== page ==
The 1940s was a turbulent time throughout the world, and this was reflected in the art of the period. During World War II, European artists fled to America. New ideas and ways of thinking about art were fomented, resulting in the formation of a new art movement known as abstract expressionism.
Art in the 1940s
Prior to World War II, Paris was the center of the art world. After the war, New York City became the focal point for artists due to the influx of European artists and intellectuals who congregated there after fleeing the Nazis. These new arrivals were greatly influenced by the Cubist and Surrealist movements, and this artistic dialogue between European and American artists resulted in a new movement that became known as abstract expressionism. American art in the 1930s had been dominated by naturalist painters, such as Edward Hopper, but abstract expressionism took art in bold new directions. The movement eschewed any attempt at capturing figures, instead focusing on color and shape, such as painting an entire canvas a single color.
Jackson Pollack was one of the key figures in the abstract expressionist movement. Throughout the 1940s, Pollack was experimenting with various techniques. In 1946, he took the bold step of doing away with his easel entirely, laying the canvas on the floor. This allowed him to pour and drip paint onto the canvas, using knives and sticks to manipulate the colors. Sometimes he would add such textural items as sand and broken glass and would also attach canvases to walls and fling paint at them.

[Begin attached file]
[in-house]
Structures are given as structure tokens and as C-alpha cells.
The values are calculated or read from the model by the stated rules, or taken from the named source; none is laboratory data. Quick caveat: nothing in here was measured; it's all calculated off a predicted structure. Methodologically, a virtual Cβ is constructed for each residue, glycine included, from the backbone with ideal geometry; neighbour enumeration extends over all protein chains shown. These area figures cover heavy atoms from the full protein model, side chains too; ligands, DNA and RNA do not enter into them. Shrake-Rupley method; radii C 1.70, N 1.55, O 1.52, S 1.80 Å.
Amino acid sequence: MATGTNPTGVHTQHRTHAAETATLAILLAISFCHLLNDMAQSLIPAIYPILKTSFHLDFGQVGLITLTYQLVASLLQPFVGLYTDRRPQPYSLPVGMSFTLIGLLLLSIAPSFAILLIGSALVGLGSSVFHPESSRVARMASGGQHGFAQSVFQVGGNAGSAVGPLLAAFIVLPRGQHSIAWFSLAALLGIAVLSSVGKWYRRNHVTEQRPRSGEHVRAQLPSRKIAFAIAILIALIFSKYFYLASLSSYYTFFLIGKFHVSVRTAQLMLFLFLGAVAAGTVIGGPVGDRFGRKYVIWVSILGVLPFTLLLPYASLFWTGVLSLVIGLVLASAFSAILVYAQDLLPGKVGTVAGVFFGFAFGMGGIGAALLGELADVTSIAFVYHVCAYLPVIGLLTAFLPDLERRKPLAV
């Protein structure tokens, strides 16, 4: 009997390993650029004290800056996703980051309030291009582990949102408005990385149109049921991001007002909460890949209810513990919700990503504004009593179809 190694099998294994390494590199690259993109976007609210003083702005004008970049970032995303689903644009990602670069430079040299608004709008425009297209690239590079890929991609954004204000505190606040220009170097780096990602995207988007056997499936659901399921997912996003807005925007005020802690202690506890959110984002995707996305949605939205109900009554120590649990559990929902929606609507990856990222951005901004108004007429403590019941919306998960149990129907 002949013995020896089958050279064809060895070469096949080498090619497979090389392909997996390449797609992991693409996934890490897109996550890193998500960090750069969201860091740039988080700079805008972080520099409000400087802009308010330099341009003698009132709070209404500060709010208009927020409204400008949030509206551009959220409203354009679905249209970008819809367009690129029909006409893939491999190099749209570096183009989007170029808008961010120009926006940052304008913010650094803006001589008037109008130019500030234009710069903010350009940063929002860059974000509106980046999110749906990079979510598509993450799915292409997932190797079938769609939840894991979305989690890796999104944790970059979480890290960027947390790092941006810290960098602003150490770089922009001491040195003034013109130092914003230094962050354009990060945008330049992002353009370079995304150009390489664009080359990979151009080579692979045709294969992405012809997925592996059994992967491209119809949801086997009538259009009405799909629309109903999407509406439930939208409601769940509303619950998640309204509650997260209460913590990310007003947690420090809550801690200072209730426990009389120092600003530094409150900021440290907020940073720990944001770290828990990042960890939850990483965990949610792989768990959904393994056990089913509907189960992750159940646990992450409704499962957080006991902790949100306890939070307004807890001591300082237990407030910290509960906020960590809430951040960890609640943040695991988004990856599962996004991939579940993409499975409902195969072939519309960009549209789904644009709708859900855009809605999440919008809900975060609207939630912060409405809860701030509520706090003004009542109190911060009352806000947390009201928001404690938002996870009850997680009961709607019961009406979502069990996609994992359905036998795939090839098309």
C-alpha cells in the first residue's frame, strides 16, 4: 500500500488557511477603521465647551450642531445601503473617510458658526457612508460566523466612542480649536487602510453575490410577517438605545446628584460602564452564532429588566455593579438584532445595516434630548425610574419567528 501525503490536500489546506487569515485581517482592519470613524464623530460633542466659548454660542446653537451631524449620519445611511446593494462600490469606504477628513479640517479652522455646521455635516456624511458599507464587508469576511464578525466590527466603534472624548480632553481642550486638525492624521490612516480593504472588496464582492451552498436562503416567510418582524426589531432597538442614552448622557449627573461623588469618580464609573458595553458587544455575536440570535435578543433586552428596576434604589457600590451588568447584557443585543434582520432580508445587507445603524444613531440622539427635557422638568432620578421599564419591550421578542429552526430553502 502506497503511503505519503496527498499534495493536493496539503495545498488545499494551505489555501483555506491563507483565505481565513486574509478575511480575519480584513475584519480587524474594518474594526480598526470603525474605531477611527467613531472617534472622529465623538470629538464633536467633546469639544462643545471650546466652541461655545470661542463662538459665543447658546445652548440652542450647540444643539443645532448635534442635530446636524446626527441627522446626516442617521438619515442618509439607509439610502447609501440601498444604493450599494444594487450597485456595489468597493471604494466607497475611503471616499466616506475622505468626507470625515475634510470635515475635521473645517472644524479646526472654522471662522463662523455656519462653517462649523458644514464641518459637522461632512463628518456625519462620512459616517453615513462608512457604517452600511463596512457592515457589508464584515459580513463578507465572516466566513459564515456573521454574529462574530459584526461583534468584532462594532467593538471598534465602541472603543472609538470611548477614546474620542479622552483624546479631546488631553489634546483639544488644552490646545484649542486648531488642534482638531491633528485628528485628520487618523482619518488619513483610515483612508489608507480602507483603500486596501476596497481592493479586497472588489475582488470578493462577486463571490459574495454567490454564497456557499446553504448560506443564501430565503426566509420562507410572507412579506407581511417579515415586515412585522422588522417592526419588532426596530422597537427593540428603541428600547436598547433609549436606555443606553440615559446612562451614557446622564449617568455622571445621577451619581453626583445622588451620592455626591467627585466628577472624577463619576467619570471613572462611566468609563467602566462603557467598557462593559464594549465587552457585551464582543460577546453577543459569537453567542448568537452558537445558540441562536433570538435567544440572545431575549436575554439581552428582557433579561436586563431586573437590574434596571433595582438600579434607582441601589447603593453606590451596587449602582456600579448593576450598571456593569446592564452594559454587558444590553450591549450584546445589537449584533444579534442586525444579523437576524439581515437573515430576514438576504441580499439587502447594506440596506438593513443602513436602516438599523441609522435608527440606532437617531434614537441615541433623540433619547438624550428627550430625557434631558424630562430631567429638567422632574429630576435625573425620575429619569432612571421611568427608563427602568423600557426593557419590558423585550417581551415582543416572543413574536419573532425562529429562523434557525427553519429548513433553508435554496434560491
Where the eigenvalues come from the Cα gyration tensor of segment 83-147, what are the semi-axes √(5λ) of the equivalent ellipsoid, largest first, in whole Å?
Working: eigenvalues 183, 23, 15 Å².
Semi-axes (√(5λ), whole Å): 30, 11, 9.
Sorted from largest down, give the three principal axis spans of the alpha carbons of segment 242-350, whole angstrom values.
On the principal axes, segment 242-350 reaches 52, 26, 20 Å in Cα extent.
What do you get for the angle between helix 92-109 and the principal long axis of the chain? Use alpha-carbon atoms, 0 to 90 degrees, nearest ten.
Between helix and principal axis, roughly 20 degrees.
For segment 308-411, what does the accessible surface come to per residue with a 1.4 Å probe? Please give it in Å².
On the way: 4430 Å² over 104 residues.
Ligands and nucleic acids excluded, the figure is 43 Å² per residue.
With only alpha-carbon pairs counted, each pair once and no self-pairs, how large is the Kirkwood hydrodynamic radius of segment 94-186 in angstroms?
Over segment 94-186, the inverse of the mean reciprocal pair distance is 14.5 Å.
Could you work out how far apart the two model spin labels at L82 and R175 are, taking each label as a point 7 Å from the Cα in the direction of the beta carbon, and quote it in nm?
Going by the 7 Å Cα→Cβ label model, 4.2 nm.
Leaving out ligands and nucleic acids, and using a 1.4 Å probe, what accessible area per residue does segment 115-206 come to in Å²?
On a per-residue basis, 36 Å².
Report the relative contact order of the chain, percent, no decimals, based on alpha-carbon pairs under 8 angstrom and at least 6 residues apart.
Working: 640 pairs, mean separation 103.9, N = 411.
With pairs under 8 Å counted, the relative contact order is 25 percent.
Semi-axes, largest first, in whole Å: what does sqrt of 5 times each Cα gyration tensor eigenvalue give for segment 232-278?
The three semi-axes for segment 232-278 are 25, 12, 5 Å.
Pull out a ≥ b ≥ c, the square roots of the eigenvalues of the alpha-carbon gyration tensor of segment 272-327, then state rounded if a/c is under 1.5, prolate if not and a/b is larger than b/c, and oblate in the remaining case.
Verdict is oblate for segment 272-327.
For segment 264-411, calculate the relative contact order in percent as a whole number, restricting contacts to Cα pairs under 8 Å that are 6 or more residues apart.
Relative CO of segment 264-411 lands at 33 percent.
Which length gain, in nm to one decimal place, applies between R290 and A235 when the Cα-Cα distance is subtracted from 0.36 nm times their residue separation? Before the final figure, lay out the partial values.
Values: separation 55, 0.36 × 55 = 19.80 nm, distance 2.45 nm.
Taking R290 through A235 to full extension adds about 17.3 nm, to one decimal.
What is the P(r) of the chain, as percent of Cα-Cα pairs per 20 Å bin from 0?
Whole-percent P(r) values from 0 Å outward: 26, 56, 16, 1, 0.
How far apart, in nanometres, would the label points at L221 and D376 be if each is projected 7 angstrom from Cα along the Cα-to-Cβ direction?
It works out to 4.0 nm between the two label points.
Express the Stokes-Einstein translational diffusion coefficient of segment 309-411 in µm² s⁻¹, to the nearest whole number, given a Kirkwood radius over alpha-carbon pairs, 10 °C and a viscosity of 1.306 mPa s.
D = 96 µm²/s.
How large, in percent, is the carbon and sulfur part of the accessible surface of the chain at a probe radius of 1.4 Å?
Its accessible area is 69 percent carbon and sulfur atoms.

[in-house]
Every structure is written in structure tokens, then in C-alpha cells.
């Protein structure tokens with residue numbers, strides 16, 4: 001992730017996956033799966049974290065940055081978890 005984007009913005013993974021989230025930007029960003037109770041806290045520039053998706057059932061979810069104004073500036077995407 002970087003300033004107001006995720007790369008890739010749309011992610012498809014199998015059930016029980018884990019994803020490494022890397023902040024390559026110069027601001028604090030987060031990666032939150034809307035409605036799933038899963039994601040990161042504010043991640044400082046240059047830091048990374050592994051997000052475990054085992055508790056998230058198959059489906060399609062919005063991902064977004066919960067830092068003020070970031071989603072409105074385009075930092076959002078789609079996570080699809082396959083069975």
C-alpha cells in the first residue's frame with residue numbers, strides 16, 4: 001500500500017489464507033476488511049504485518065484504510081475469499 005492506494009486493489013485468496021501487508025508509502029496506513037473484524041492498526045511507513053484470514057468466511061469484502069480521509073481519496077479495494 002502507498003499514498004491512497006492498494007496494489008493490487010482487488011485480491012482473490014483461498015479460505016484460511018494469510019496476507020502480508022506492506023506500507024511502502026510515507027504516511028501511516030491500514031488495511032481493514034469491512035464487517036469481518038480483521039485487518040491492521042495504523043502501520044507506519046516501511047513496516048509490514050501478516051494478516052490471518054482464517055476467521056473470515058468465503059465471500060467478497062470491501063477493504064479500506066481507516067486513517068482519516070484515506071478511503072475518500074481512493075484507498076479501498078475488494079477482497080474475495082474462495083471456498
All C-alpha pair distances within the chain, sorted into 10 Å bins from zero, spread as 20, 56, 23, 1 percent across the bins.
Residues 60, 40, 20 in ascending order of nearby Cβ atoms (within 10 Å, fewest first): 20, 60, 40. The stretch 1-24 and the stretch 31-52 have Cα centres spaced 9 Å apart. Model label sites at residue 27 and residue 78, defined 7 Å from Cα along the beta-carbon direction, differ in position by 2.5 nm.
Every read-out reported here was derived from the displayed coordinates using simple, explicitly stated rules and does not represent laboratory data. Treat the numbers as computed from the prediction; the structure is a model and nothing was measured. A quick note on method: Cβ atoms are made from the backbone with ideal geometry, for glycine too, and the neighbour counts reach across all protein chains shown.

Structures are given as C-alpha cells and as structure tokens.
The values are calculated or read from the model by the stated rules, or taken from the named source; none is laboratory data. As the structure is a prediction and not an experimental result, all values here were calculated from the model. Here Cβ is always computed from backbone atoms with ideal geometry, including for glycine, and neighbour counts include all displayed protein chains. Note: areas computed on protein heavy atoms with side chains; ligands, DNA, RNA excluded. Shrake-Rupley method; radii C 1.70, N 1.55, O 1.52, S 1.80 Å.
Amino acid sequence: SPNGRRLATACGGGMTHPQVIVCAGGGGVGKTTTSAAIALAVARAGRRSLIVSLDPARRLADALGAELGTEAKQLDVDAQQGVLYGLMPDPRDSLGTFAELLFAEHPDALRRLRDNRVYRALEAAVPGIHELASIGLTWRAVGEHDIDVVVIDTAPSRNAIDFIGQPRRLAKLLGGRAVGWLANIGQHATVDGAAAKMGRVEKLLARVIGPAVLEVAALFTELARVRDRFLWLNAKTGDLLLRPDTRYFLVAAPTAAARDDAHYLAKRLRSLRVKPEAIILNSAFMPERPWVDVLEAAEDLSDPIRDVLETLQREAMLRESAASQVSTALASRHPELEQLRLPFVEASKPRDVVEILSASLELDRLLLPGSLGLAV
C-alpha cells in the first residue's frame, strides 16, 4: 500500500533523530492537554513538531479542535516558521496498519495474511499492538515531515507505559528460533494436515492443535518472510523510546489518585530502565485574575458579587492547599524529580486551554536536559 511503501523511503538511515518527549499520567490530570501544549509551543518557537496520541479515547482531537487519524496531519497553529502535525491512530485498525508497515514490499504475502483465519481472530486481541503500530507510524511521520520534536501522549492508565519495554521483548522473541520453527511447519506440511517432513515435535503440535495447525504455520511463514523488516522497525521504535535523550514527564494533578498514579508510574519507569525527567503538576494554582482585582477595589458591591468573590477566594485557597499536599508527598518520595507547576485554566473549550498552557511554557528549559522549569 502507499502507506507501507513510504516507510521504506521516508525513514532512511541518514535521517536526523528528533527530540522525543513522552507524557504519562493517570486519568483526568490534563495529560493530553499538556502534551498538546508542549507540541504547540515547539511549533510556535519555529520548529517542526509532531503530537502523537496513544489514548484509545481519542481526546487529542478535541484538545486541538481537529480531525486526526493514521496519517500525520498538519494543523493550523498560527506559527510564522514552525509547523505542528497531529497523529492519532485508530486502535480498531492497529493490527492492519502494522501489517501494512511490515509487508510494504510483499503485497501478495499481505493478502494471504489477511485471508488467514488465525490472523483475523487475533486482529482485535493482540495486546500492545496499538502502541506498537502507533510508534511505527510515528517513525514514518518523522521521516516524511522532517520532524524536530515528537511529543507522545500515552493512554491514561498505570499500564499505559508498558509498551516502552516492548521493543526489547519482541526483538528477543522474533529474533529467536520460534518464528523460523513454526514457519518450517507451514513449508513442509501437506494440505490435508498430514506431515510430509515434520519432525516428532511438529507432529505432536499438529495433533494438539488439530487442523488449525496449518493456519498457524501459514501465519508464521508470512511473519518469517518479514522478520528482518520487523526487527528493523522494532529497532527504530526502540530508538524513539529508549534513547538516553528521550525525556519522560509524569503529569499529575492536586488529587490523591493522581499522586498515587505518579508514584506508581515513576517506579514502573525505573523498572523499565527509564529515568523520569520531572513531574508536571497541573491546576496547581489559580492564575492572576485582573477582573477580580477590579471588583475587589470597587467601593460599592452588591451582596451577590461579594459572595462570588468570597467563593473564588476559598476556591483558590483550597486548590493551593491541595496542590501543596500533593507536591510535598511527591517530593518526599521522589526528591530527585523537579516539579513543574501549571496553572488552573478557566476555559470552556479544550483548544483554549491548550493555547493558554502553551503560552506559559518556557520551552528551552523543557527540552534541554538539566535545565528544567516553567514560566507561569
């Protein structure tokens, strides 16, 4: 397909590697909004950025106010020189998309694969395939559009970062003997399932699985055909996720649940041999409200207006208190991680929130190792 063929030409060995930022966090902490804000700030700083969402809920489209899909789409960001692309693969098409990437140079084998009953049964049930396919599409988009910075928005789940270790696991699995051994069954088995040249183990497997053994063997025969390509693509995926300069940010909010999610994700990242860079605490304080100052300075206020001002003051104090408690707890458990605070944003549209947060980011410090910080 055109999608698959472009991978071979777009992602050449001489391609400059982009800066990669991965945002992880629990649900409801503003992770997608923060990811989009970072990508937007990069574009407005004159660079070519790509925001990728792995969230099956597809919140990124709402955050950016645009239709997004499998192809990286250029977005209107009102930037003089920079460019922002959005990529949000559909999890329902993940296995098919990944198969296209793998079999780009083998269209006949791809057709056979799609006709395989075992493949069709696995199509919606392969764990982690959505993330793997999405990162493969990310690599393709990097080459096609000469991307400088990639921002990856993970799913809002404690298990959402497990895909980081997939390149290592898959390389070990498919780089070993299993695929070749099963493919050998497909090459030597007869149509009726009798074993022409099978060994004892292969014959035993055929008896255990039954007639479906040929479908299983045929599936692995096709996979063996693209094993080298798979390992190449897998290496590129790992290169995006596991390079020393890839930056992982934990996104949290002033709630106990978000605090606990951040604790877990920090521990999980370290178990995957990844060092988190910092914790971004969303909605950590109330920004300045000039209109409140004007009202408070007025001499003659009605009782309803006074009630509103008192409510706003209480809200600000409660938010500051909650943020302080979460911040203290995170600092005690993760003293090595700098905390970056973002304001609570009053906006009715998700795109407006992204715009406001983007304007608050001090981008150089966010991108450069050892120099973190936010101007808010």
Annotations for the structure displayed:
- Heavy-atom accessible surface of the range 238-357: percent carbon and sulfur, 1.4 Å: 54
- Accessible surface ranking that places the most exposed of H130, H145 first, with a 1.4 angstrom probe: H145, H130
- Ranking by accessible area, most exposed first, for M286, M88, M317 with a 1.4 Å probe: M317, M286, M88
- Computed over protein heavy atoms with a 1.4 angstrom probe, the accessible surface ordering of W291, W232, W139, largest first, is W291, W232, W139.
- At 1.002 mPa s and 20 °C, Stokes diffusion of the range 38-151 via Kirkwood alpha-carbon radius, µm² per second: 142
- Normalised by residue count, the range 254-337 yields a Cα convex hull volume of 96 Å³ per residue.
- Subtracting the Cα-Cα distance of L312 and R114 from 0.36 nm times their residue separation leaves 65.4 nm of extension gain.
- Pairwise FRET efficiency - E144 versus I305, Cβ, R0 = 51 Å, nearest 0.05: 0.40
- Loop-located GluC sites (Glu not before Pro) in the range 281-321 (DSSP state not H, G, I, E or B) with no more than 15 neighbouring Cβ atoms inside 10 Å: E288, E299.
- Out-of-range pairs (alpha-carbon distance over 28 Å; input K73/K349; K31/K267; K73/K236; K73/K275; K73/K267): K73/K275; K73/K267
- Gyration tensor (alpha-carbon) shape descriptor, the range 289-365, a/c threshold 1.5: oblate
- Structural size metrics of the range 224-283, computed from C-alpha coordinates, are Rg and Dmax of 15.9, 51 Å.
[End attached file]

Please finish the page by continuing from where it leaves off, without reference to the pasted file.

Mark Rothko was born in Russia and came to the U.S. in 1913. Largely self-taught, he was greatly influenced by the surrealist movement, typified by artists such as Salvador Dali, but by the latter part of the 1940s he began delving into abstract expressionism. Rothko's style was distinctive in that he would paint large rectangles that would seem to melt into each other. Rothko would use color to convey emotions and even spiritual concepts.
Andrew Wyeth remains one of the most important American artists of the 20th century. Unlike Pollack and Rothko, Wyatt's work was naturalistic, and his best-known paintings are portraits and landscapes. Wyatt's art was shaped by tragedy when his father and young nephew were killed in a car accident in 1945. This event caused a shift in Wyatt's work, and his paintings took on a more mature style characterized by subdued colors and subject matter that was more emotionally charged than his previous work.